China’s cotton stockpiling, which has prompted a shopping spree for US supplies, has been spurred by expectations for reduced domestic sowings next year, which looks like being a weaker season for seedings worldwide.
“The urgency for restocking is predicated on the concern of reduced planting acreage next year,” a China-based bank source said.
The sowings decline is expected to affect in particular secondary growing areas, with plantings in Xinjiang, which produces some 40% of China’s cotton crop, viewed likely to remain stable.
The growing reliance on Xinjiang comes with an extra supply downside in that there is only one rail line to shift cotton from the province to Chinese textile mills more than 2,500 miles away, who are the world’s top users of the fibre.
The reluctance to sow cotton looks set to be reflected in many producing countries next year, with Morgan Stanley separately forecasting harvested area “flat” year on year at 35.6m hectares.
And the bank would have forecast a “more pronounced year-on-year decline” were it not for the drought in the south of the US which has this year meant massive areas, largely in Texas, being abandoned.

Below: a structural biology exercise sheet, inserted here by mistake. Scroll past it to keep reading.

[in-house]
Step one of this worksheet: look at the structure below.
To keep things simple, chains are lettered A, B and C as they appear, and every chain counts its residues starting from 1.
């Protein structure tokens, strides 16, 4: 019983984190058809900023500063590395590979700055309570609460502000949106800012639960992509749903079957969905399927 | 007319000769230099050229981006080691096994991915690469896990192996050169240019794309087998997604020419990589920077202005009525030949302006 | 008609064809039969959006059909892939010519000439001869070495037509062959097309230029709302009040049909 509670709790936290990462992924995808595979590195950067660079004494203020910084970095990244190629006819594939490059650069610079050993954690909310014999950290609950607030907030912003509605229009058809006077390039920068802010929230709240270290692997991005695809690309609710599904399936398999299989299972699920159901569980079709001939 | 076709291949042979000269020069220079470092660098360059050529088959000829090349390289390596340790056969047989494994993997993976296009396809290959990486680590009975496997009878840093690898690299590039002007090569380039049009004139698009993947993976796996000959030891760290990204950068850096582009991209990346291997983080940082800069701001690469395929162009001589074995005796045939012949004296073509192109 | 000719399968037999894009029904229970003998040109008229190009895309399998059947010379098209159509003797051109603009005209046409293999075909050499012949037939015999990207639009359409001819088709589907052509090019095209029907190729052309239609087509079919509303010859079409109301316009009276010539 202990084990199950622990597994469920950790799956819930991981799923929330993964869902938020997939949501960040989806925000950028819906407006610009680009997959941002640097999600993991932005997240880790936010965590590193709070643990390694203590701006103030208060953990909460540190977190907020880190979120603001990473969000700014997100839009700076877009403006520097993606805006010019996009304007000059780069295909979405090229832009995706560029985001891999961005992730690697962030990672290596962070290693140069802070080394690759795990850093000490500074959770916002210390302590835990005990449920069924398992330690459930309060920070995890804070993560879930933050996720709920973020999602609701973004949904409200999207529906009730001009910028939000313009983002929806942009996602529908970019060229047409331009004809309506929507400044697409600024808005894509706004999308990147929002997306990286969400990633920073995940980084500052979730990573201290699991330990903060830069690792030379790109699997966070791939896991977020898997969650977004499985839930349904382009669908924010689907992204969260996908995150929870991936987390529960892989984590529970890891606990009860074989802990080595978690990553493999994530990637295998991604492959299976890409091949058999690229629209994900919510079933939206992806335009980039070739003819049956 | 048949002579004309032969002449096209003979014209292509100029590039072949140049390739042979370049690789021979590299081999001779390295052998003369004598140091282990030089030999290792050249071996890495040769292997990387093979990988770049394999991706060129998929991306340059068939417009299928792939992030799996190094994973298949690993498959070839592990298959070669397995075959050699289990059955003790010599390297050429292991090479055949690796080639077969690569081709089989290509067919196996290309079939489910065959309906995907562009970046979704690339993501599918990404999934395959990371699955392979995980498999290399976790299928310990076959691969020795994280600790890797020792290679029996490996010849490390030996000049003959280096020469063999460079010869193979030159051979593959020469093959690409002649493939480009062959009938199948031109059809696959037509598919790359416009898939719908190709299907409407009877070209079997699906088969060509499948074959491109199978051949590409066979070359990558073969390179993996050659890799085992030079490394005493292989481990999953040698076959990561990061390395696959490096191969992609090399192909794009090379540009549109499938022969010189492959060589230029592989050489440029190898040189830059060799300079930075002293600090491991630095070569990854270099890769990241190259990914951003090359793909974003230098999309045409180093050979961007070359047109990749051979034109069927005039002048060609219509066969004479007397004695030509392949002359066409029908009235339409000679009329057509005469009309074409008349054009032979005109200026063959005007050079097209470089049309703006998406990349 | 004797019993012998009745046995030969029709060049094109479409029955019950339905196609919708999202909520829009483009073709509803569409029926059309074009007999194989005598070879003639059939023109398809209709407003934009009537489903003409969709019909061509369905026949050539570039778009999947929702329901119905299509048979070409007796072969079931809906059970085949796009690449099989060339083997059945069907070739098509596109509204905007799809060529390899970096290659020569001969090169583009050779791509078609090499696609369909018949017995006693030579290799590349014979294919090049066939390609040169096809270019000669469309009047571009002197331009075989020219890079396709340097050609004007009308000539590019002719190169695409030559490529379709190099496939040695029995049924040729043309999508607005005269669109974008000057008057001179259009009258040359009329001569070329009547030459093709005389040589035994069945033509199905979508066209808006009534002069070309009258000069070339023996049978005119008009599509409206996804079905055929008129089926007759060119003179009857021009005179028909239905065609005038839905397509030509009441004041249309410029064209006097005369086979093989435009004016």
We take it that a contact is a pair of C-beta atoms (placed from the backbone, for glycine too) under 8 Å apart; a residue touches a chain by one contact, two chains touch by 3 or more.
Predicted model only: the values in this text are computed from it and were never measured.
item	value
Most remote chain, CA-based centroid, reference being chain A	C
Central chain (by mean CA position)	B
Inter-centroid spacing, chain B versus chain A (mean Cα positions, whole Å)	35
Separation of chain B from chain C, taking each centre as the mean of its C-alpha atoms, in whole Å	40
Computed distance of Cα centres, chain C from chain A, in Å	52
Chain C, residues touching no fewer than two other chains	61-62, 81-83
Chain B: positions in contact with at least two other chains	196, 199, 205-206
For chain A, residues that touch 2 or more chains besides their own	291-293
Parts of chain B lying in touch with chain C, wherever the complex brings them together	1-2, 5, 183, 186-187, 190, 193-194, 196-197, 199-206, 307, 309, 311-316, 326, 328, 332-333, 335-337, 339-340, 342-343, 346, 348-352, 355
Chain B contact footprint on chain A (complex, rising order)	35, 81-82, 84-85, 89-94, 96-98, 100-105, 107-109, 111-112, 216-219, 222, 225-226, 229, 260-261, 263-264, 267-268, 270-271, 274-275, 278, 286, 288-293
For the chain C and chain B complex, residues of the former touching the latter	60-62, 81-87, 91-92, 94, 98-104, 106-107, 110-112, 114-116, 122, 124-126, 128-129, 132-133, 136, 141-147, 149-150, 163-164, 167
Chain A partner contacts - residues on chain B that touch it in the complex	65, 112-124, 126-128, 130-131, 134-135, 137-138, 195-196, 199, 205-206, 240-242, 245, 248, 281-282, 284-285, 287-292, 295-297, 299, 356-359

While US farmers sowed, at 14.7m acres, one-third more cotton, the amount making it through to harvest is estimated at US officials at only 9.8m acres (4.0m hectares), a drop of 8.4% year on year.
‘Lower cotton prices’
Morgan Stanley said its sowing outlook reflected the drop in cotton prices, which on New York’s futures market set a record high, for a spot contract, of 227 cents a pound in March.
New York’s near-term December lot stood at 92.40 cents a pound in late deals on Wednesday, down 0.3% on the day.
“We seek lower cotton prices limiting planted acreage in 2012-13,” the bank said.
The price has fallen in part thanks to signs of sagging demand, as weakened economic growth prospects limit consumers’ appetite for clothing.
Mills close early
There were now reports of increasing numbers of textile factories closing early for China’s new year, in late January, thanks to a “lack of export orders and low, even negative, margin”, the China bank source said.
Domestic textile sales in China, which have for years been growing at double-digit rates, rose 4.6% by volume in the first eight months of 2011.
In the US, underlying clothing sales growth has fallen to its lowest level since February last year, with UK apparel sales dropping since June at an annual pace of 1%.
Nonetheless, China has been buying US cotton this month to rebuild state stockpiles sapped by sales aimed at helping keep domestic prices in check, and mills in business.
China refrained for two seasons, of bouyant cotton prices, from buying domestic crop, but has brought well over 500,000 tonnes of the fibre from domestic farmers this time.